Hello hello and welcome or welcome back to my little bookish corner of the internet. Today I’m bringing you my review of Sabriel, the first book in the Abhorsen series, which frankly, I am now a little obsessed with. It just took one book, and I am absolutely in love. I can’t believe it’s taken me this long to get around to reading it, but equally, hurrah for a great book.
Sabriel has spent most of her young life far away from the magical realm of the Old Kingdom, and the Dead that roam it. So when a creature from across the Wall arrives at her all-girls boarding school, she surprises herself with her ability to deal with it. The creature carries a message from her father, the Abhorsen – the magical protector of the realm whose task it is to bind and send back to Death those that won’t stay Dead. Since the demise of the Royal Family the Dead have become stronger and more fearless, and now it seems their forces are threatening to overwhelm the Old Kingdom.
Sabriel’s father has been trapped in Death by a dangerous Free Magic creature. He urges her to return to her homeland, and to discover who or what is behind this uprising. Armed with her father’s binding-bells and sword, she soon finds companions in Mogget, an ancient spirit bound into the body of a cat, and Touchstone, a young Charter Mage whom Sabriel frees from a long, magical imprisonment. As the three travel deep into the Old Kingdom, threats mount on all sides. And every step brings them closer to a battle that will pit them against the true forces of life and death – and bring Sabriel face-to-face with her own destiny.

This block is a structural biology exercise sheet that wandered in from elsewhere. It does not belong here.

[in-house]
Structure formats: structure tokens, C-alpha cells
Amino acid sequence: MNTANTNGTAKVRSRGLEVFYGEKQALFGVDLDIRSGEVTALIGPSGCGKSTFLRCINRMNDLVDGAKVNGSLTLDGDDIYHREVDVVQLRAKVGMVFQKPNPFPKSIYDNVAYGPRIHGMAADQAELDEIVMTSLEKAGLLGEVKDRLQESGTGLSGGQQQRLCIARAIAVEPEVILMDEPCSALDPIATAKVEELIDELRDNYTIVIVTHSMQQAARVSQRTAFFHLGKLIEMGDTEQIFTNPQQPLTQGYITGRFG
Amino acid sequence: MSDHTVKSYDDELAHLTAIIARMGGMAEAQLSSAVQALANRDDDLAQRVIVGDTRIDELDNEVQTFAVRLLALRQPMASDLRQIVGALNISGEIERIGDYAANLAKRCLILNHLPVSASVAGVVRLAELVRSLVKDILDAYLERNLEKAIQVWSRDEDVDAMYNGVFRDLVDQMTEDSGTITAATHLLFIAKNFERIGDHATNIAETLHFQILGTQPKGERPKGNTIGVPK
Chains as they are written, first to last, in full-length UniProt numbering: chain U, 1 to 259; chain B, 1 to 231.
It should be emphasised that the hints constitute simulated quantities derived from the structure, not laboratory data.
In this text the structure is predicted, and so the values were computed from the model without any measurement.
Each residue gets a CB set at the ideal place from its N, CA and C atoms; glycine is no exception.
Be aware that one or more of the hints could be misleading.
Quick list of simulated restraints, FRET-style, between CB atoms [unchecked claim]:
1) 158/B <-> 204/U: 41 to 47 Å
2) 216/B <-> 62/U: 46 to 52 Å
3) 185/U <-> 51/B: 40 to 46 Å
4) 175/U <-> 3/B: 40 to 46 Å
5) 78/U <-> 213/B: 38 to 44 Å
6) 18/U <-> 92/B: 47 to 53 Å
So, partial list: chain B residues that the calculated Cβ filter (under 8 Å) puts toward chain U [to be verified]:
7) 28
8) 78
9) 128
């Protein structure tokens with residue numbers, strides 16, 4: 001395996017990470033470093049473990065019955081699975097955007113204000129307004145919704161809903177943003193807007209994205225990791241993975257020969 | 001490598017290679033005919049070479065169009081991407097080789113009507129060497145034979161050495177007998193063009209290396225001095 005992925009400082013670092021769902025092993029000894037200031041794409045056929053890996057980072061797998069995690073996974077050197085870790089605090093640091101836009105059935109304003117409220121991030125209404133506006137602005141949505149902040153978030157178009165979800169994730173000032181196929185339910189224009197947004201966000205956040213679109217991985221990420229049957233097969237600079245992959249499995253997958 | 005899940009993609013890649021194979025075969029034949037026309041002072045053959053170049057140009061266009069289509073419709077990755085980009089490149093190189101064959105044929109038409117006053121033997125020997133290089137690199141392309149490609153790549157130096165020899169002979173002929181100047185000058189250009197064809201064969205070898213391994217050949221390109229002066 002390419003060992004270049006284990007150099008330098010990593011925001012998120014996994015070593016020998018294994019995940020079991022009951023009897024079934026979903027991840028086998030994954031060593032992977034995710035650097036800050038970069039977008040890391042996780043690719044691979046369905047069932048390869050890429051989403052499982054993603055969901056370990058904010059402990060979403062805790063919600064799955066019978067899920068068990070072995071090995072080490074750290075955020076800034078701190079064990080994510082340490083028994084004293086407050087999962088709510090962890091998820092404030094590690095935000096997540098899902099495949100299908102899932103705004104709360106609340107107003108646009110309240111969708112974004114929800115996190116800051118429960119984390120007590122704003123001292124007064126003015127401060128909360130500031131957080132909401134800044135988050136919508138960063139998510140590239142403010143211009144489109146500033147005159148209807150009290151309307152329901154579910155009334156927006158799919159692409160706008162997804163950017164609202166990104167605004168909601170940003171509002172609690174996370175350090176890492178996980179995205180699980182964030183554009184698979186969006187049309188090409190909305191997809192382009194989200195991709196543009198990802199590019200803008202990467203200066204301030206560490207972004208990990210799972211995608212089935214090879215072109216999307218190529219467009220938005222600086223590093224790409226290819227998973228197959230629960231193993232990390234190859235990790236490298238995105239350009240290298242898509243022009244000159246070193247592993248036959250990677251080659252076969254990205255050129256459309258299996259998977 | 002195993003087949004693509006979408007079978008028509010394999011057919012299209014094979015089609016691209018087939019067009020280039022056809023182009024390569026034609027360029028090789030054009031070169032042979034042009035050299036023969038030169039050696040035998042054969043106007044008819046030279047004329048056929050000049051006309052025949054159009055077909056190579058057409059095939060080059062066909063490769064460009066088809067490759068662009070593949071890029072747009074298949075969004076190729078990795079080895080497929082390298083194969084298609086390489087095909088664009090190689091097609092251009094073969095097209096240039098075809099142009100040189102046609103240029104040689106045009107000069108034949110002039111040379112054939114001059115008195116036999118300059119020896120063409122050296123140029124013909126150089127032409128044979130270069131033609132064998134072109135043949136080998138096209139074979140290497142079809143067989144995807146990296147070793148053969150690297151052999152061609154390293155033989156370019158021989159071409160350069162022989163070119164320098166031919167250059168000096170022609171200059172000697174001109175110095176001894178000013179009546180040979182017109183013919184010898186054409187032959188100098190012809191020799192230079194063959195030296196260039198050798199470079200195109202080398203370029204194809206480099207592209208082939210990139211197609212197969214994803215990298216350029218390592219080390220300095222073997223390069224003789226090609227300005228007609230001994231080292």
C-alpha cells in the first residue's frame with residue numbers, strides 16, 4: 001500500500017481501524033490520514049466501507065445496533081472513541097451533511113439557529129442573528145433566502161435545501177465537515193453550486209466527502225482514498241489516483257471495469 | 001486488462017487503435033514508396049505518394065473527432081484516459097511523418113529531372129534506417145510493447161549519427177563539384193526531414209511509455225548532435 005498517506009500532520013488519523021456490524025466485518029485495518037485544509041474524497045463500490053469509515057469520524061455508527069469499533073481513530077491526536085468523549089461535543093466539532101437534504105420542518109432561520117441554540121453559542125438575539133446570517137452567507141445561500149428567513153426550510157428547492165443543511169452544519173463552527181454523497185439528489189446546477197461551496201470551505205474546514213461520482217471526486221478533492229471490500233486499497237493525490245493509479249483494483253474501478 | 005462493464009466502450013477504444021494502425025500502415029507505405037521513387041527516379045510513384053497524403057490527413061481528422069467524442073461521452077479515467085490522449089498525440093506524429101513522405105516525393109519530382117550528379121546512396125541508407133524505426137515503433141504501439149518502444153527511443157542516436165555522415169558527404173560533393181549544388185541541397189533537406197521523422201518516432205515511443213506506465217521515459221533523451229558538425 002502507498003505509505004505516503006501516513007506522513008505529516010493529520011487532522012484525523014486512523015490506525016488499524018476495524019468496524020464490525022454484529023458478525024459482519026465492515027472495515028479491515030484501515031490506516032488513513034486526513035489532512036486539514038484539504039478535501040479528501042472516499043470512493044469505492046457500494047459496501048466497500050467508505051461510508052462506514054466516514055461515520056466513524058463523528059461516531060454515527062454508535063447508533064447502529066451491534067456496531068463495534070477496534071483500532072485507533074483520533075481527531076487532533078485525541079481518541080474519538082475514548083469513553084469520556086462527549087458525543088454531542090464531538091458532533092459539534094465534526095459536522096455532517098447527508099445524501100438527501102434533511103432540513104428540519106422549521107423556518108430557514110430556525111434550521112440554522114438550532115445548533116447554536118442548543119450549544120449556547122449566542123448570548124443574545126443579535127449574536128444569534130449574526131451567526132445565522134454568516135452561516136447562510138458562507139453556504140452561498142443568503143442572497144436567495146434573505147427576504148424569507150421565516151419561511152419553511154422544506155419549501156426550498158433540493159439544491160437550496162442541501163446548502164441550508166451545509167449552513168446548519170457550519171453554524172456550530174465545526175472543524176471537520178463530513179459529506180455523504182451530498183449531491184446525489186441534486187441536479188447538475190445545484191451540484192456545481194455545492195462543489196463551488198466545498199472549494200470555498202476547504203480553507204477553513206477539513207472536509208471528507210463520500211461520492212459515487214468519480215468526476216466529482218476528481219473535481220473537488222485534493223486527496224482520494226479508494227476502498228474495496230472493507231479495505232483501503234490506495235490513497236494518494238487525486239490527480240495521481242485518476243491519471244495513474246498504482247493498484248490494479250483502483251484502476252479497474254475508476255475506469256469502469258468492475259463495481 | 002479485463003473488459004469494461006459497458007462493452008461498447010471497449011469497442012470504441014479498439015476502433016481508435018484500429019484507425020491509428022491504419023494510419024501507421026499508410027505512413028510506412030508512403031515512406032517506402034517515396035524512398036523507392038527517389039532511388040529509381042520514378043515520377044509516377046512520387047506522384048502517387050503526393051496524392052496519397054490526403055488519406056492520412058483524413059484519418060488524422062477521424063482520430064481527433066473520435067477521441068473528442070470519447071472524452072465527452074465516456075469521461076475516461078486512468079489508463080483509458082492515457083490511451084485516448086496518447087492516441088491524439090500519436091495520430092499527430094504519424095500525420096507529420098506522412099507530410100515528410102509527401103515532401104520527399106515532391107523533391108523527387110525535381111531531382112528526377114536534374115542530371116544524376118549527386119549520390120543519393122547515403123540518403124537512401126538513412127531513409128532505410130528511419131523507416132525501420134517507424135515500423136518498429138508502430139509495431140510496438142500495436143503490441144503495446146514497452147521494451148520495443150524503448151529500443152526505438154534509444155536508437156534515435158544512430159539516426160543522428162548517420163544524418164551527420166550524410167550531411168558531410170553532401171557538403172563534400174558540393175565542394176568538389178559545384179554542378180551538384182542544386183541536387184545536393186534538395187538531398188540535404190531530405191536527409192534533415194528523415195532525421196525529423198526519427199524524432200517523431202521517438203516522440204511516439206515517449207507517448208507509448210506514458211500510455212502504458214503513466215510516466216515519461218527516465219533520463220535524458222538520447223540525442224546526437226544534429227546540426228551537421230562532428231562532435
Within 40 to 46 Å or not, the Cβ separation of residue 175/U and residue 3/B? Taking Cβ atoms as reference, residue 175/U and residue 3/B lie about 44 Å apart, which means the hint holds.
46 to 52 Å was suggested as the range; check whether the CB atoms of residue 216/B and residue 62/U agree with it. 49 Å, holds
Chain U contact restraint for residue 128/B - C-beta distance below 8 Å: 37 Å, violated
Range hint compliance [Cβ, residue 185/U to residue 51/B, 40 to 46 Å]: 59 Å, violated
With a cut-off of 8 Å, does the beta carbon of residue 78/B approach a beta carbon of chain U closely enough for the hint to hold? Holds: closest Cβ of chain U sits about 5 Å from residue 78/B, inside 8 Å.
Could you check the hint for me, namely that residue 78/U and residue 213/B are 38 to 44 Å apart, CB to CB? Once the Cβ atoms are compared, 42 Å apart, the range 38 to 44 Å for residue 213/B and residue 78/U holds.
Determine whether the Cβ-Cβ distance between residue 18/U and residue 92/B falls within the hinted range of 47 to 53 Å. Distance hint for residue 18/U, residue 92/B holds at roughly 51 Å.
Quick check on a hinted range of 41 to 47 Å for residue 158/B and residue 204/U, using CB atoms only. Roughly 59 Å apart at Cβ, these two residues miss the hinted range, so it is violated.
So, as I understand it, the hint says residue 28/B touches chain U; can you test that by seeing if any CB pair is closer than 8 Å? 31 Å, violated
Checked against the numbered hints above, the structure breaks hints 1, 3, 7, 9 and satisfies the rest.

Just like many first books in a fantasy series, this book did a lot of world building, but did it in a way that seemed as natural as breathing. It was so easy to sink into the story, to get lost in the tale and to know that of course this girl could enter the world of death; it just was that simple. All the while, the adventure is spinning around us, sweeping us away, and readying us for more books to come.
Sabriel as a character is written very realistically, all things considered. She knows she’s powerful, but equally she’s just a teenage girl who is trying to be polite to adults and hates that she’s being considered based on her power. That said, when the challenge first rises to meet her, she knows what she has to do, and she absolutely does not hesitate. I’ve got a lot of love for her as a character already, and I think I’ll only come to like her more as the story progresses.
I’m a big fan of worlds where magic has been created with its own rules and limitations (see here for my post on unique magic systems), and this is very much true of the Old Kingdom. Sabriel is powerful, but isn’t the most powerful creature we meet, and I liked that; sometimes it’s just too dramatic, a teenager being all powerful. Knowing that she’s up against a lot of challenges, with people more powerful than her both for and against what she’s doing, kept the story engaging on a level that is realistic, all while being magical.
My first jump into the world of the Old Kingdom was a wonderful adventure, and I’m planning on reading book two this month. I’m going to try and pace them out despite the urge to binge on the series!!